The specific structure of Burke's work lends to its dialogic nature and shows dialogism in action, therefore allowing for this conversation with himself, other writers, and his readers that Henderson discusses. The dialogic, as a multiply voiced discourse, is illuminated through Burke's work, and it is unique in this aspect. As Henderson writes, "The main difference between Bakhtin and Burke is that Bakhtin is a "traditional intellectual" espousing dialogism in his discourse, whereas Burke is an "organic intellectual" producing dialogism in his." An example of this "produced dialogism" is Burke's "Dictionary of Pivotal Terms" at the end of Attitudes Toward History. The inclusion of the dictionary suggests a different undertaking for a text in terms of produced dialogism, furthering Burke's personal ongoing relationship with language. Although Burke's total accessibility may be comparable with that of Bakhtin's, his application of theory is what differentiates him. Through produced dialogism, Burke makes dialogic theory accessible to his audience and readers, whereas Bakhtin was writing to a more limited audience. As Henderson suggests, "Though Bakhtin is clearly conversant with a myriad of other thinkers, he writes as if his arguments require nothing more than his own terminology." Burke's writing is involved and complex, but his inclusion of the dictionary stands in contrast to Bakhtin. Burke makes his writing dialogic rather than just suggesting it.
Although Burke's writing is dense, especially when considering texts like A Grammar of Motives or A Rhetoric of Motives. Burke is self-taught. His scholarship reflects this self-taught education; as Henderson suggests, Burke, "writes as if his arguments are part of a swirling intertextual pluriverse, a pluriverse that tries to embrace everything, preferably all at once, as Howard Nemerov had cause to remark decades ago." Burke's work and writing reflects this self-created education of studying everything—literature, poetry, rhetoric, philosophy and aesthetics. As Henderson articulates about Grammar, Burke "is able to make use of diverse philosophical languages without wholly giving himself up to any one of them."Did Burke's lack of a "formal" education allow for his move away from "traditional" rhetoric? Burke still engaged with traditional rhetoric and aspects of rhetoric, as he does in "Traditional Principles of Rhetoric" (Rhetoric), but did his distance from the academy allow for his ability to see and experience rhetoric in unique ways? Burke's acknowledgment that rhetoric exists in nontraditional places allows for his work to be more dialogic, especially when considering works like Permanence and Change and Counter-Statement. Permanence and Change, written during the Great Depression, highlights the importance of form and its impact on society. Burke claims that forms of art are not "mutually aesthetic." These texts represent a "pulling apart" of ideas and thought structures which up to this point had largely been untouched. Burke opens up new conversations, which allows for continued play and engagement with these ideas. His ability to recognize rhetoric in literature is another aspect that separates him from other scholars, considering that the split between literature and rhetoric/composition occurred late in the nineteenth century. Burke's treatment of literature as rhetoric has allowed for continued conversation on the topic, influencing later scholars, like James R. Averill, to investigate the rhetorics of emotion and how they connect to literature.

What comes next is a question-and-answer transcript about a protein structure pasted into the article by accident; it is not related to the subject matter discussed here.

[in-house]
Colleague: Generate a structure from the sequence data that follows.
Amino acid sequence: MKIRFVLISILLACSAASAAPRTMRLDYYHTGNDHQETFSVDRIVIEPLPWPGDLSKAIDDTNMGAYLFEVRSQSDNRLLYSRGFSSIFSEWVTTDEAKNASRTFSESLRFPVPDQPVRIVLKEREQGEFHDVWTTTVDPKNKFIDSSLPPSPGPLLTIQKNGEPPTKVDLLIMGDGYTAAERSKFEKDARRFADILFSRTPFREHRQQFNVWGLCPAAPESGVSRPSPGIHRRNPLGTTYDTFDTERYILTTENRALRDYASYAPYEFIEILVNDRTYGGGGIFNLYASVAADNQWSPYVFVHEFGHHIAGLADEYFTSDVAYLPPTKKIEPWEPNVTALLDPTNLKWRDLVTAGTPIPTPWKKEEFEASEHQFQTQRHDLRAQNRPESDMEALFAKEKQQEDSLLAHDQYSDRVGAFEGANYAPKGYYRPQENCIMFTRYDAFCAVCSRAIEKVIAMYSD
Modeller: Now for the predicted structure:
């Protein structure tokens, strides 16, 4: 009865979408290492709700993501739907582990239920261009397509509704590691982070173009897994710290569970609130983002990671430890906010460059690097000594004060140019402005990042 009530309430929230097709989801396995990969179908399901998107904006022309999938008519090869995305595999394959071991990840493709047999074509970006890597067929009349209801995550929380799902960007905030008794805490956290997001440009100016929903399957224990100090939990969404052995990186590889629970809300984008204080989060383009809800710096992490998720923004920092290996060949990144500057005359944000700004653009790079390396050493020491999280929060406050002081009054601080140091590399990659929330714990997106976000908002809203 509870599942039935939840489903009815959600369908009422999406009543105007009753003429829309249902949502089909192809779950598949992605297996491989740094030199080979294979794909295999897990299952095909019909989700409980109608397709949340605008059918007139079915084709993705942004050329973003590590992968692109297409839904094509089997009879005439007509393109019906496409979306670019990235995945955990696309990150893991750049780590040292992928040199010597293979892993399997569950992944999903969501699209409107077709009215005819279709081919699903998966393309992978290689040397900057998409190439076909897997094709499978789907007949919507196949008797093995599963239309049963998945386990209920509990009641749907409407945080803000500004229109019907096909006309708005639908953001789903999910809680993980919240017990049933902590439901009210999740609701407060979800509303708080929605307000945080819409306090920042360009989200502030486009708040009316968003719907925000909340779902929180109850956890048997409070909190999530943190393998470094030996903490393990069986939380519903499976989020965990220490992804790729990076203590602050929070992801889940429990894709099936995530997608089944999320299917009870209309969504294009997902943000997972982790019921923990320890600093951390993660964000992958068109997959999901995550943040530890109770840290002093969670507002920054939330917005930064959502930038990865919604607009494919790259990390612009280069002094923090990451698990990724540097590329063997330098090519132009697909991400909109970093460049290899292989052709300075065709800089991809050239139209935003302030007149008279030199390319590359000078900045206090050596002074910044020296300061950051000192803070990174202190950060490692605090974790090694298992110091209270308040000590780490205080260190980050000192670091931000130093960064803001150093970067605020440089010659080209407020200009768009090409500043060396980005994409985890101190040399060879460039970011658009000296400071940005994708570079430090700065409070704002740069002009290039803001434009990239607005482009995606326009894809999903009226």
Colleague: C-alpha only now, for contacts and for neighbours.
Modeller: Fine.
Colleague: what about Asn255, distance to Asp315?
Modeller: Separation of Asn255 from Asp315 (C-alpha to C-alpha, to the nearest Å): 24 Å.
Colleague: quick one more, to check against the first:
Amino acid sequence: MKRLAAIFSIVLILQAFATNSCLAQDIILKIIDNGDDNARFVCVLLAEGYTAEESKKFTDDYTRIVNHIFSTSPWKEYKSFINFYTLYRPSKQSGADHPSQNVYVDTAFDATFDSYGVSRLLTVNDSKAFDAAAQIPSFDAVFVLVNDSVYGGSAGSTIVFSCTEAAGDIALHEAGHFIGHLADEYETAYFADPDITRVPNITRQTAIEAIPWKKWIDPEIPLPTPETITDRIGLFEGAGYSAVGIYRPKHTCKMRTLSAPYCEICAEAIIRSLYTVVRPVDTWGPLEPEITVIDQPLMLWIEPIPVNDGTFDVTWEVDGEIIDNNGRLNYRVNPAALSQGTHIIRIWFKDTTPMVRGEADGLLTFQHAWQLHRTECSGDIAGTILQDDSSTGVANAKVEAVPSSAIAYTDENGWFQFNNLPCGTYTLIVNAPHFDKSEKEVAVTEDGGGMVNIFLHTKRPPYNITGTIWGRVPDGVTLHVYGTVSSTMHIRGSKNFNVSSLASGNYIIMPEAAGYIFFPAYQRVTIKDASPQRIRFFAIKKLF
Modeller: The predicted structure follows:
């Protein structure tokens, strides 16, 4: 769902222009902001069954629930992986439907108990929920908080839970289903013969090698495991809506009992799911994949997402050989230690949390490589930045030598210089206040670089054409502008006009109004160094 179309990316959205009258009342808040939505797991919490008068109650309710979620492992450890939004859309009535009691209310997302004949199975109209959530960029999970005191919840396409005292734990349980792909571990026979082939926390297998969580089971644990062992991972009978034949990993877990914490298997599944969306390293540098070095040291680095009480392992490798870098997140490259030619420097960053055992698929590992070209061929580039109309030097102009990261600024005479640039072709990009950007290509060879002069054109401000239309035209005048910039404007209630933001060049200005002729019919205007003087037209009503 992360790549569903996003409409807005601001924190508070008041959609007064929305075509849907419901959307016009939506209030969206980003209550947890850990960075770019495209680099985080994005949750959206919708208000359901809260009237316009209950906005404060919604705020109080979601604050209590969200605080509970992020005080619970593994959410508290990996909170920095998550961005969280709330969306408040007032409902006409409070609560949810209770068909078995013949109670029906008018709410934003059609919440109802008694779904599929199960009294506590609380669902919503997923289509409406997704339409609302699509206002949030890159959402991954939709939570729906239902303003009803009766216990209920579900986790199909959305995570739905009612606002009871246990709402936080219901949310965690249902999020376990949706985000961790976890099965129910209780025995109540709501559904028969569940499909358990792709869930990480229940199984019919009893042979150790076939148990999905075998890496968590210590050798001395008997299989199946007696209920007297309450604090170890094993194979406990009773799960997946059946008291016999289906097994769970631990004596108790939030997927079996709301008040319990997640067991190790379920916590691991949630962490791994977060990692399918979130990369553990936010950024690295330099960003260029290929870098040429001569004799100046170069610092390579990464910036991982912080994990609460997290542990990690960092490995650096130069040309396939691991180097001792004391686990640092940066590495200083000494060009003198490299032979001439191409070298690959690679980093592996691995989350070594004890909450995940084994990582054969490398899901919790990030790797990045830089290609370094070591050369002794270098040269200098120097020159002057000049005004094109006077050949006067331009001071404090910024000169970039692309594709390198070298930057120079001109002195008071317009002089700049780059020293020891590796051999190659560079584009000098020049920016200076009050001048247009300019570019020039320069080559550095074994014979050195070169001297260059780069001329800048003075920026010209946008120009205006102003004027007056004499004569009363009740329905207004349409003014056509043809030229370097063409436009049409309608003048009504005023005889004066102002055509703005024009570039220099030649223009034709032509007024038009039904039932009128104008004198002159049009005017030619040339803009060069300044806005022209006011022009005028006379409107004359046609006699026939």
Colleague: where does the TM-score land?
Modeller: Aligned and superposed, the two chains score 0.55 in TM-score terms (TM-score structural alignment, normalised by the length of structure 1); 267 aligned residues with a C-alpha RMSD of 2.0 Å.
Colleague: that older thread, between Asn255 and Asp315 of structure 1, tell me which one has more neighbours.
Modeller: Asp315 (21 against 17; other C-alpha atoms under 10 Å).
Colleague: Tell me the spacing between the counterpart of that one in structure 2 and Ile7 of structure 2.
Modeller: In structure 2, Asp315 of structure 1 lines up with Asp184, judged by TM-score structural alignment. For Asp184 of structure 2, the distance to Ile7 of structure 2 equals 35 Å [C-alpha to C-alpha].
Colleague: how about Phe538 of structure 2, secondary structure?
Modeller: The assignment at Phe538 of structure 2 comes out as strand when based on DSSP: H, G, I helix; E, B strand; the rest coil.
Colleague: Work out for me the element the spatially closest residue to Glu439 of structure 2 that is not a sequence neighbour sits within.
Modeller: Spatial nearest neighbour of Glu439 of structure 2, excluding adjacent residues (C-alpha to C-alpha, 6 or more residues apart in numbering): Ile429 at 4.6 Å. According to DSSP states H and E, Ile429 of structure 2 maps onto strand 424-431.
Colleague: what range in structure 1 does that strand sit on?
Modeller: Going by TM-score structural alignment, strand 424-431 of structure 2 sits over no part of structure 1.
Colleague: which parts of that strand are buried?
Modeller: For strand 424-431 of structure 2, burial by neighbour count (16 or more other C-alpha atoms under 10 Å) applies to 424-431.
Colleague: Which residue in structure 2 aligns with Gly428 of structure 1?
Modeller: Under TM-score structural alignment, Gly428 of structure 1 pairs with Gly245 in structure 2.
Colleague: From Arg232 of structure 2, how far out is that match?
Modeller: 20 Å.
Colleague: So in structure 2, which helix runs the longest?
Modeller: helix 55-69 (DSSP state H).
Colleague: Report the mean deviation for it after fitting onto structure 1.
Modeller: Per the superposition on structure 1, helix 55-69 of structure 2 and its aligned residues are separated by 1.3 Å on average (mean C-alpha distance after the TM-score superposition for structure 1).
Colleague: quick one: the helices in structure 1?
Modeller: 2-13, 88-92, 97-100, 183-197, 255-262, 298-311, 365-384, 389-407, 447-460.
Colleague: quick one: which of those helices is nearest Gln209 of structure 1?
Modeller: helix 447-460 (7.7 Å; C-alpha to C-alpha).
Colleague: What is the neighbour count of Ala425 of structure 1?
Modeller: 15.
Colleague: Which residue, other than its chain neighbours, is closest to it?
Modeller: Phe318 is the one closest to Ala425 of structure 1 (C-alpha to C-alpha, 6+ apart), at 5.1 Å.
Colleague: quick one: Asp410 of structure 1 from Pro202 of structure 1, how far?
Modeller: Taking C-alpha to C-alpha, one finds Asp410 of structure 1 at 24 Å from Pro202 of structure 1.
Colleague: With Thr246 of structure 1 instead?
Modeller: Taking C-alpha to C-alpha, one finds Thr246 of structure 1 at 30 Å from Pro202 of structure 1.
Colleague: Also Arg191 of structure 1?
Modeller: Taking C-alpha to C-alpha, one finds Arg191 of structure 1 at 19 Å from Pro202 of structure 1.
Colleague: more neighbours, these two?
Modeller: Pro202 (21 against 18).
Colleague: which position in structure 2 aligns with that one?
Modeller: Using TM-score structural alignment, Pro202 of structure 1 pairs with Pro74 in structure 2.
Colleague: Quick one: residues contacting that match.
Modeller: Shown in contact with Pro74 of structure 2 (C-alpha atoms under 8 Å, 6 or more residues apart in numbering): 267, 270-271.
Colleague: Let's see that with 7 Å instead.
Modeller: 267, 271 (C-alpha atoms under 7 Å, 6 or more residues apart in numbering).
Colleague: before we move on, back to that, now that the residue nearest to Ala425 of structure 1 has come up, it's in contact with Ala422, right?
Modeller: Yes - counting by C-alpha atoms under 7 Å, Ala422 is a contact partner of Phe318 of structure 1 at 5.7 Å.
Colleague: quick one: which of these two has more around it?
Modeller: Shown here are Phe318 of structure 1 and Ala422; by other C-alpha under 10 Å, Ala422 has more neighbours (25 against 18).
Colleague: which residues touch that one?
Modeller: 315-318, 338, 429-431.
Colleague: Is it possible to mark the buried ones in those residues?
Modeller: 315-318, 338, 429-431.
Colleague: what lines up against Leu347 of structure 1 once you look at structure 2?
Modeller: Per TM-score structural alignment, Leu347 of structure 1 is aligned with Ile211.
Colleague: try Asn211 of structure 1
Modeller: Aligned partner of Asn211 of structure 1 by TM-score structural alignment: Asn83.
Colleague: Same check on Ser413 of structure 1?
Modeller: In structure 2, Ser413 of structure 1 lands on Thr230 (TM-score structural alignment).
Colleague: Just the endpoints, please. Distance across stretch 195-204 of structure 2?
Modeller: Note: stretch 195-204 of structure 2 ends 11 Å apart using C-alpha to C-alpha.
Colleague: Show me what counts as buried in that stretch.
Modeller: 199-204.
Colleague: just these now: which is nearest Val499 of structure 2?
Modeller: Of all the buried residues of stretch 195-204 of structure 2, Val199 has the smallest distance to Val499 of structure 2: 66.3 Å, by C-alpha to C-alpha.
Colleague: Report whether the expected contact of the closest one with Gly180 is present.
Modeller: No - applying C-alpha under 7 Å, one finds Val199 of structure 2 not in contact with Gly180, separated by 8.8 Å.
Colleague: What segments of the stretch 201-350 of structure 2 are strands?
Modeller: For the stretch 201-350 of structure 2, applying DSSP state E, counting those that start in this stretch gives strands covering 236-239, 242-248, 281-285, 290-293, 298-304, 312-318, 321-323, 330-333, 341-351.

In Counter-Statement, Burke takes on "pure literature," psychology and form, poetry, as well as the "Lexicon Rhetoricae", or his narrative theory. The second edition of the work contains the "Curriculum Criticum," where Burke enters into a dialogic conversation with his own work, in order to consider Counter-Statement in light of his later texts. To revisit a work to reconsider how it impacts an evolution of thought is certainly dialogism in action, as Burke sees the importance of returning to his earlier ideas to track their change and progression. Henderson remarks that Bakhtin's "style is neither embracing nor welcoming." Henderson also suggests that "Burke is sensitively attuned to the language of others—be they scholastic philosophers or members of the gas house gang." Burke's superb attunement to the language of others, and not just those in the academy, is what leads to the language of social change Henderson alludes to in his title.
Burke's idea of returning to your own ideas and opinions, as well as being attuned to the language of others, is what is needed now in the wake of recent events, like the Confederate statue dilemma. If those within the academy, as well as those outside, can understand that ideas can change, and that how we think about things should be constantly shifting depending on dialogic conversation, then I am curious to see how a continued exchange with Burke's work can open new possibilities and push forward the social change through language that Henderson discusses.
Burke, Kenneth. Counter-Statement.1931. Second ed. U of California P, 1968.
This work is licensed under a Creative Commons Attribution-NonCommercial-NoDerivatives 4.0 International License.